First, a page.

A major urban folk festival is in the works for Victoria Park in Charlottetown in 2014.
The public will get to hear all about it when organizers unveil their plans at a public meeting on Thursday, Feb. 28, at 7 p.m. The meeting will be held in the Charlottetown Hotel’s Georgian Room.
Wayne Long, Charlottetown’s events development officer, said the city is interested to work with the group to create an event for a number of reasons. The city was approached by the organizers.
“It’s a nice new annual event for us to have, it fits well with the mayor’s cultural vision and the task force’s cultural vision for the city and it’s a diverse type of activity,’’ Long said. “Apart from the jazz and blues festival, I’m not sure we have a lot of bigger musical festivals.’’
Rob Oakie, a member of the organizing committee, said the goal is to create a world-class festival, modelled after the more successful festivals in Canada, such as folk festivals in Edmonton and Vancouver.
“This will be an urban festival, a non-profit-based community-owned event that is really a family-friendly event,’’ Oakie said. “The model we are looking at is an acoustic-based festival. That would include al types of acoustic music, not just singer-songwriters.’’
The music would range from Celtic, bluegrass, Cajun and Brazilian genres.
Oakie said the event would be nothing like the country-centric Cavendish Beach Music Festival. Cavendish is a concert festival with one stage. Victoria Park would feature multiple stages spread throughout the grounds.
“Victoria Park suits it perfectly. The setting is really beautiful. You can put stages in different parts.’’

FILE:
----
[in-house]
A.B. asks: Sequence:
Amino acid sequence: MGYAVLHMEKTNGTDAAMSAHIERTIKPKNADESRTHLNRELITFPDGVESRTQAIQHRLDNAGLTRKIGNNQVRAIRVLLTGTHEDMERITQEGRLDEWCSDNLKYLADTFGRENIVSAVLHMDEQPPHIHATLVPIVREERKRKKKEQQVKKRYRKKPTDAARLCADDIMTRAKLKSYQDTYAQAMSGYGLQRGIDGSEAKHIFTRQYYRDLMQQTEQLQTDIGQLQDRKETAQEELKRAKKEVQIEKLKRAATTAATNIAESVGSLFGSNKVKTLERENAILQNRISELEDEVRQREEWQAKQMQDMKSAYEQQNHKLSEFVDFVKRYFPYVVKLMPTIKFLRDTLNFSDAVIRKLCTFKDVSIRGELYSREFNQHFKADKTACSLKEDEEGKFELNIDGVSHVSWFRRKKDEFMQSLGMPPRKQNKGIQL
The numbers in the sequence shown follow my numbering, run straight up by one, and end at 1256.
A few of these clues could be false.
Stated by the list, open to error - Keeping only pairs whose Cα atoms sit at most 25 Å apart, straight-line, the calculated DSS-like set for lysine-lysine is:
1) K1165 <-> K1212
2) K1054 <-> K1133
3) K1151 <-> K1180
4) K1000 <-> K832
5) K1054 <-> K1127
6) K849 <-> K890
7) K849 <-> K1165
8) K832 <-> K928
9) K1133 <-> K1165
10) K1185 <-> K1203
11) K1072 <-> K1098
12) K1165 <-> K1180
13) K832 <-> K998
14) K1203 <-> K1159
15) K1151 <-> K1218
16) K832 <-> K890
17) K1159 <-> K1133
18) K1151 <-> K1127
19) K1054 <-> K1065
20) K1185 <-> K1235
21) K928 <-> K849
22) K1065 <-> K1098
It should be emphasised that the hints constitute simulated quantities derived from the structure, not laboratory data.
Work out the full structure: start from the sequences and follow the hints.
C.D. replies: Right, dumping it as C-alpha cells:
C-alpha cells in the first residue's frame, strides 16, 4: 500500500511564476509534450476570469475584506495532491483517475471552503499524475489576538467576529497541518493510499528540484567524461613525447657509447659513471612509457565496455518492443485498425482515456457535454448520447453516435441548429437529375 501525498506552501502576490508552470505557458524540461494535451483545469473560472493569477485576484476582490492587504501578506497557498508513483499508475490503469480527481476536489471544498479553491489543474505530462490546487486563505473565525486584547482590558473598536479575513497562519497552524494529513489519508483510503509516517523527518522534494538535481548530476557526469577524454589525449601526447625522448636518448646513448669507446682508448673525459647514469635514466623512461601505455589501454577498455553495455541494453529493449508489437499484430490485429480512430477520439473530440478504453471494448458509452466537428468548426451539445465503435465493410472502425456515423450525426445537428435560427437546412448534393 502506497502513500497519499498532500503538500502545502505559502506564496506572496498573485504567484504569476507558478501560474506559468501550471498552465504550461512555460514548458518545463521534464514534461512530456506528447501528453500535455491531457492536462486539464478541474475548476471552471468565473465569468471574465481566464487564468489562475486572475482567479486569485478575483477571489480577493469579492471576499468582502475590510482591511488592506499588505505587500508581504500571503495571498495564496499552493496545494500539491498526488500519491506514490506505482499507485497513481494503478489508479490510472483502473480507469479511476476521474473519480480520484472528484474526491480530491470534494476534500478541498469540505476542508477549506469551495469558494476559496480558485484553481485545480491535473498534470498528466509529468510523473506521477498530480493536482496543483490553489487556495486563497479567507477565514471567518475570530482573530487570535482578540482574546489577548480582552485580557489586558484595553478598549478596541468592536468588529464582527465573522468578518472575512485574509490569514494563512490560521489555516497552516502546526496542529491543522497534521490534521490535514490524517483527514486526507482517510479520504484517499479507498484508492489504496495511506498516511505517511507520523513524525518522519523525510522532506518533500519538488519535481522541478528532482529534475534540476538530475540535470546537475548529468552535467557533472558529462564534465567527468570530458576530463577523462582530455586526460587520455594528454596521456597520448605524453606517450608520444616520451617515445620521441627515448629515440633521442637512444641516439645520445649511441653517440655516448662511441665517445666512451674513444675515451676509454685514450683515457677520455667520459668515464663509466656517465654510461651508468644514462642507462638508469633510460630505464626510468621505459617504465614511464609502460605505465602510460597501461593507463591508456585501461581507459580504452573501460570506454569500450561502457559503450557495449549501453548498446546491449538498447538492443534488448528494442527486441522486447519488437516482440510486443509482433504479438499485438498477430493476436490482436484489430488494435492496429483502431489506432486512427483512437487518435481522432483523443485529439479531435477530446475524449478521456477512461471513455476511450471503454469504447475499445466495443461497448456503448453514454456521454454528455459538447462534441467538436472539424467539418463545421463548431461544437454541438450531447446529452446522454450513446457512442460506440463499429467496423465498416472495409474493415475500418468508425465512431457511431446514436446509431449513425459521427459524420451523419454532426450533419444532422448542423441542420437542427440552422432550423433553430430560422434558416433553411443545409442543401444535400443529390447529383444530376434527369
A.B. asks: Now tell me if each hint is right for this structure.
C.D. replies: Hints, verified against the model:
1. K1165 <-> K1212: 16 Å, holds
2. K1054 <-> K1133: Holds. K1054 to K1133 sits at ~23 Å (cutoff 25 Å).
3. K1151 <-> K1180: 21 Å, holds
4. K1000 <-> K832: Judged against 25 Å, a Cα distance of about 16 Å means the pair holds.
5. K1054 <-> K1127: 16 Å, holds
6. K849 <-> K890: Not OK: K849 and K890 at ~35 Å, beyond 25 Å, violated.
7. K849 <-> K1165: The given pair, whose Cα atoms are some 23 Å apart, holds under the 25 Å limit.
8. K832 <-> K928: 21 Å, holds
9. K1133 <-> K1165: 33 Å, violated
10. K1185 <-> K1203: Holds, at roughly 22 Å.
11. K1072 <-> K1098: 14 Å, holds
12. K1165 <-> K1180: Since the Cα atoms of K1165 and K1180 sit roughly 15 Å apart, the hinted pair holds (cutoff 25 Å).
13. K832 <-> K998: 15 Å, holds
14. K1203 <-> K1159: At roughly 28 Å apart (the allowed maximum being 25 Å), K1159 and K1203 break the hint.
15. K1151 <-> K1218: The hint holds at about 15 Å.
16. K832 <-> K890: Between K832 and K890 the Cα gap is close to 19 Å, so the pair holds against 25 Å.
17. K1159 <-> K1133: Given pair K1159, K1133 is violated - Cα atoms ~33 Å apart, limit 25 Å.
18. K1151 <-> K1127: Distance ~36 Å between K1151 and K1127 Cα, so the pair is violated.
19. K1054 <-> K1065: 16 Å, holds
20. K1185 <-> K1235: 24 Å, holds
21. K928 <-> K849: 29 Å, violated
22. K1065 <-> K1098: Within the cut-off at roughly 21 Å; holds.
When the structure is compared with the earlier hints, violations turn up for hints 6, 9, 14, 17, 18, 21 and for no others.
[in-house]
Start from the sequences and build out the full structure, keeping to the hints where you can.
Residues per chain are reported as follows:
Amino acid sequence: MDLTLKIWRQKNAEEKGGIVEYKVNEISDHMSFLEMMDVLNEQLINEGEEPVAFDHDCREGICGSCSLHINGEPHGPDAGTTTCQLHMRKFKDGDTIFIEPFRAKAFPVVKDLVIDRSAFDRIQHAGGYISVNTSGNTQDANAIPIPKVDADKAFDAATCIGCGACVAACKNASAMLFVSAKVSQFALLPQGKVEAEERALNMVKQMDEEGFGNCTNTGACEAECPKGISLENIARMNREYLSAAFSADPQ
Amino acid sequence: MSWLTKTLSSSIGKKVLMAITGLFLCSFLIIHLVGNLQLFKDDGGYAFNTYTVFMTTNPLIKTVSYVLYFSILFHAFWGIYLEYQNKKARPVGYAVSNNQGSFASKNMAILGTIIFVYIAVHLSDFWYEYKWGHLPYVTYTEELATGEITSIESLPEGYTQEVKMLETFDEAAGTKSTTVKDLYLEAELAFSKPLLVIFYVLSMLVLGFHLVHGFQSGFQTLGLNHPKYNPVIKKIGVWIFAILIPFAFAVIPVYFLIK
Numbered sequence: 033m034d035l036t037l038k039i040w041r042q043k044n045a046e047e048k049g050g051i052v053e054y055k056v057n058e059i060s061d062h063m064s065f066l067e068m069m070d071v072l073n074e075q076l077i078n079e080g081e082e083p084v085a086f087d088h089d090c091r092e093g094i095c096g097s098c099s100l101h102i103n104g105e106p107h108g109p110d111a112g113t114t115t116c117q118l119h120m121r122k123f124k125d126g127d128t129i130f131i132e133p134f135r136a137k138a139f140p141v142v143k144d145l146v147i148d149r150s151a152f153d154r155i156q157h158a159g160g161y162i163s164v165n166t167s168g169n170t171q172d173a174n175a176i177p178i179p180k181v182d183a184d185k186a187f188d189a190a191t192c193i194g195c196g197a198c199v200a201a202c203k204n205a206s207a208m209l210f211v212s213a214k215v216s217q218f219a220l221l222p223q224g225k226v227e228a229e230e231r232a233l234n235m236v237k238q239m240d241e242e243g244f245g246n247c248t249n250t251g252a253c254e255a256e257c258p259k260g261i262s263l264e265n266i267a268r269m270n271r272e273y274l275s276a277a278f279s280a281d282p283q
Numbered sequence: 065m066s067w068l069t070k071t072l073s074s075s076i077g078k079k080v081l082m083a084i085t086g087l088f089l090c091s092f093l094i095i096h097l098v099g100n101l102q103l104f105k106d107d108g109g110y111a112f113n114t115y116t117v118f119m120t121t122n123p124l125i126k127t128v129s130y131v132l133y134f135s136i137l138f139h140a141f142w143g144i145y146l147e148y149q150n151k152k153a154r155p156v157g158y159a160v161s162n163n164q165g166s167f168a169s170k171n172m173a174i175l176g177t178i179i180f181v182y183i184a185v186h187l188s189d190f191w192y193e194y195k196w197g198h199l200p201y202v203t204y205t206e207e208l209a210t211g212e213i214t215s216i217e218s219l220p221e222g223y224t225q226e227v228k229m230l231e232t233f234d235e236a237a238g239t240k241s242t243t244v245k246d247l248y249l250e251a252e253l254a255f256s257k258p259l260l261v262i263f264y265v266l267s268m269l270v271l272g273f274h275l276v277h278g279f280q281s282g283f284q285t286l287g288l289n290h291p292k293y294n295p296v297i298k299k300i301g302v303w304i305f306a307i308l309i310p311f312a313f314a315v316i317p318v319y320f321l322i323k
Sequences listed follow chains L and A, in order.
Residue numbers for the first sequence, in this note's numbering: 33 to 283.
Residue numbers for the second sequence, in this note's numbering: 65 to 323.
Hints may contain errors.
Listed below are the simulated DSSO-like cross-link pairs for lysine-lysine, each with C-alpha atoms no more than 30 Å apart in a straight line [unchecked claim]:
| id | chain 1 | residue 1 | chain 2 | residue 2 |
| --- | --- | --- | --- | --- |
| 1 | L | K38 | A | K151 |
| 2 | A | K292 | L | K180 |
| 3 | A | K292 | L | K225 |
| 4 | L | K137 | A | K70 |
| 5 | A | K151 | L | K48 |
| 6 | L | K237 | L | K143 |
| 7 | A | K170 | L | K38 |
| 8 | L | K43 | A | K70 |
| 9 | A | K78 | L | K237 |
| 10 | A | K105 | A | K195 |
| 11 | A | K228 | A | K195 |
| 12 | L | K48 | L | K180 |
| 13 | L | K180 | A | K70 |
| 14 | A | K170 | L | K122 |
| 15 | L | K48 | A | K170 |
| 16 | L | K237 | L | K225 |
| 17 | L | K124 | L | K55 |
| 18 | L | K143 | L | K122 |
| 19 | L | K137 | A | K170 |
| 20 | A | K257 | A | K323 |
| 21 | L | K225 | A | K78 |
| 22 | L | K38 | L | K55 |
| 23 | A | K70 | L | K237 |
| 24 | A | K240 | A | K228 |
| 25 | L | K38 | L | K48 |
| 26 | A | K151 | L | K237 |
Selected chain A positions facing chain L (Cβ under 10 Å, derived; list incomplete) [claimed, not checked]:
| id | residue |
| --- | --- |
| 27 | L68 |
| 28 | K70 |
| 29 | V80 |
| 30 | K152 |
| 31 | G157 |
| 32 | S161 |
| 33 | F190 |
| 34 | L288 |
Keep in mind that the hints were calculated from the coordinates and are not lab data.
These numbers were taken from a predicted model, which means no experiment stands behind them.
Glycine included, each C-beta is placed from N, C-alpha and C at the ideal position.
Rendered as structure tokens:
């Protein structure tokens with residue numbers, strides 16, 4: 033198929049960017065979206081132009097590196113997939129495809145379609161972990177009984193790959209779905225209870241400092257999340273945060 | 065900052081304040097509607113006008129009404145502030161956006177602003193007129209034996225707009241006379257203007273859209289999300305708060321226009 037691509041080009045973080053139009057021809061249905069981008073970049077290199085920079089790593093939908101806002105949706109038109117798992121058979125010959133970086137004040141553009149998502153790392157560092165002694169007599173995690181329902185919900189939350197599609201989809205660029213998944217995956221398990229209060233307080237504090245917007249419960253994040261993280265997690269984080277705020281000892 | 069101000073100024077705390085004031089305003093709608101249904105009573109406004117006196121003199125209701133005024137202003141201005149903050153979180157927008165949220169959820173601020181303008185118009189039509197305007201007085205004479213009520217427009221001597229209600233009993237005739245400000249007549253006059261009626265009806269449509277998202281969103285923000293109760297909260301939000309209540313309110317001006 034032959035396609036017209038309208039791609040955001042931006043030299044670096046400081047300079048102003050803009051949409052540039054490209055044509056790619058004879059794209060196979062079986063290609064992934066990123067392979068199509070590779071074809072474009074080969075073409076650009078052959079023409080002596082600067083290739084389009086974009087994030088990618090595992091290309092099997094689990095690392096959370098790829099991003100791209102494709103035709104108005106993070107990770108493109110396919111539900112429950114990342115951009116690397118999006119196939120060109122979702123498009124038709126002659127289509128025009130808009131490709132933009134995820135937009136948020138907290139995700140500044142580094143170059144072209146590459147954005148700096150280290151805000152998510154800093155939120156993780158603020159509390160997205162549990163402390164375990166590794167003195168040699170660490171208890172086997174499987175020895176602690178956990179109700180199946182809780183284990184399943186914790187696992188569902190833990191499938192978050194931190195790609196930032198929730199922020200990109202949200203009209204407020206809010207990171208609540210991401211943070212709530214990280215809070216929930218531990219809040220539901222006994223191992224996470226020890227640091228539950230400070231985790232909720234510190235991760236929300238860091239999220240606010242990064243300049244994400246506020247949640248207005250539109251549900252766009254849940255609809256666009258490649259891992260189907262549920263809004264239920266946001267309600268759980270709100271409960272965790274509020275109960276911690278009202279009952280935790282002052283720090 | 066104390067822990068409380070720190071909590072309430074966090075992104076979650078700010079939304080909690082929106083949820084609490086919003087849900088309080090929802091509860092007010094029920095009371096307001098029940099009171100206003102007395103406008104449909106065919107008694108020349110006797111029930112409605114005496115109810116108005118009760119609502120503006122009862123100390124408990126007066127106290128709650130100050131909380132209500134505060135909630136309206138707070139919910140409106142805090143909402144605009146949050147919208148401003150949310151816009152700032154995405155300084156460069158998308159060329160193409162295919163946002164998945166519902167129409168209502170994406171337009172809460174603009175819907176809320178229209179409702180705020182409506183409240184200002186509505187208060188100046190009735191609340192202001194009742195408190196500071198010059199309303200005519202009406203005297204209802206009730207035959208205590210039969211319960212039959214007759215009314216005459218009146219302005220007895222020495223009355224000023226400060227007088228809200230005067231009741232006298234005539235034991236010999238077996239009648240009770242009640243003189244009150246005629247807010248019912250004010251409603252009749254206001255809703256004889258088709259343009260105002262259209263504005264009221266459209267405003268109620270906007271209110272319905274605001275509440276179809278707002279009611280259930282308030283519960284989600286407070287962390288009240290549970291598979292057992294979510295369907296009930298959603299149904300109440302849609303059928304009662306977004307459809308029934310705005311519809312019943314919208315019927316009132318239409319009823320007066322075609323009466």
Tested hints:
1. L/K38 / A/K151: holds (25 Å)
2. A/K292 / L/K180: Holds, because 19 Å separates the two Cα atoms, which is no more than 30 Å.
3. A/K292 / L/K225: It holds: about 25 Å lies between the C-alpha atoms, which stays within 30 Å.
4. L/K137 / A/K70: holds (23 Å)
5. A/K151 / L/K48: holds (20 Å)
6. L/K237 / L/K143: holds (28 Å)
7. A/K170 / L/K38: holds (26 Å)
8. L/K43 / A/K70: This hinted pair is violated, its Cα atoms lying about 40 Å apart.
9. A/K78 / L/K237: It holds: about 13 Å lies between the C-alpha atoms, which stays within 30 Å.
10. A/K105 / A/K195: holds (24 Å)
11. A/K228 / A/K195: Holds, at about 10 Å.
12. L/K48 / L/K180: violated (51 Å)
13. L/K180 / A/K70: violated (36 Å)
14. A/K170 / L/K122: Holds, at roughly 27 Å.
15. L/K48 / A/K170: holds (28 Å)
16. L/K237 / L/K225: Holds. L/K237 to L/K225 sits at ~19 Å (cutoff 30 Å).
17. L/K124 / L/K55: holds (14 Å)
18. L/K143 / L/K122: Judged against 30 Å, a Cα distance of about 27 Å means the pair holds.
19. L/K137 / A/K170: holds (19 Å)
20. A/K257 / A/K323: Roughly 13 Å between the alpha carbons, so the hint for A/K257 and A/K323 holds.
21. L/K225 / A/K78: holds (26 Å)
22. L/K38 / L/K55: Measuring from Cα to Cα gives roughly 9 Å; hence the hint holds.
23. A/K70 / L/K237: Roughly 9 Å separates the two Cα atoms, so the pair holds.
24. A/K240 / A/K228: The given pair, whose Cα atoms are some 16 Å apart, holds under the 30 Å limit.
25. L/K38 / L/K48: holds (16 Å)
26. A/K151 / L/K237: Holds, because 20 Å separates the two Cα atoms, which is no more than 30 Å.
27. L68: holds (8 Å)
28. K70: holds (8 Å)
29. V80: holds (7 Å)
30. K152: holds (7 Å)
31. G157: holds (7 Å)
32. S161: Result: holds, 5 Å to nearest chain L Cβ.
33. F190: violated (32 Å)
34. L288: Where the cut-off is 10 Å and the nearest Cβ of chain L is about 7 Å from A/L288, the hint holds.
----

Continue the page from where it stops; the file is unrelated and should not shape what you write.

Oakie said they’re not using the new event grounds on Grafton Street because that area is designed for basic concerts, not an event that will essentially be separated into sections.
This festival was originally earmarked for the Cabot Park area in Malpeque but that was when organizers had a camping festival in mind. They’ve since changed direction and are now ion an urban festival frame of mind.
Admission will be charged to get on the grounds. New legislation, passed by the province before the Canada Games in 2009, allows for paid events in Victoria Park. But camping is not permitted under any circumstances.
“This is not about (making) money or big, huge headliners or selling beer. It’s about creating an event that engages the community and brings a really strong cultural and community aspect to it.’’
Since Victoria Park has its own governance bylaw, a public meeting must be held before council can allow the event to go ahead. Council did pass a resolution on Monday night to send the matter to the public meeting.
“It’s a nice area for us to streamline into so we’ve been working closely with organizers. The city was very up front with them . . . that there is a certain protocol that has to be respected here,’’ Long said, referring to the need for a public meeting.’’
Long said the proposal, at this point, is for up to four stages with the two fields facing the cannons being used and one area that’s tucked into the woods. The festival would not impact the ballfields, tennis courts or playground areas.
If the festival ultimately goes ahead, Oakie said they would be aiming to hold the multi-day event around mid-August.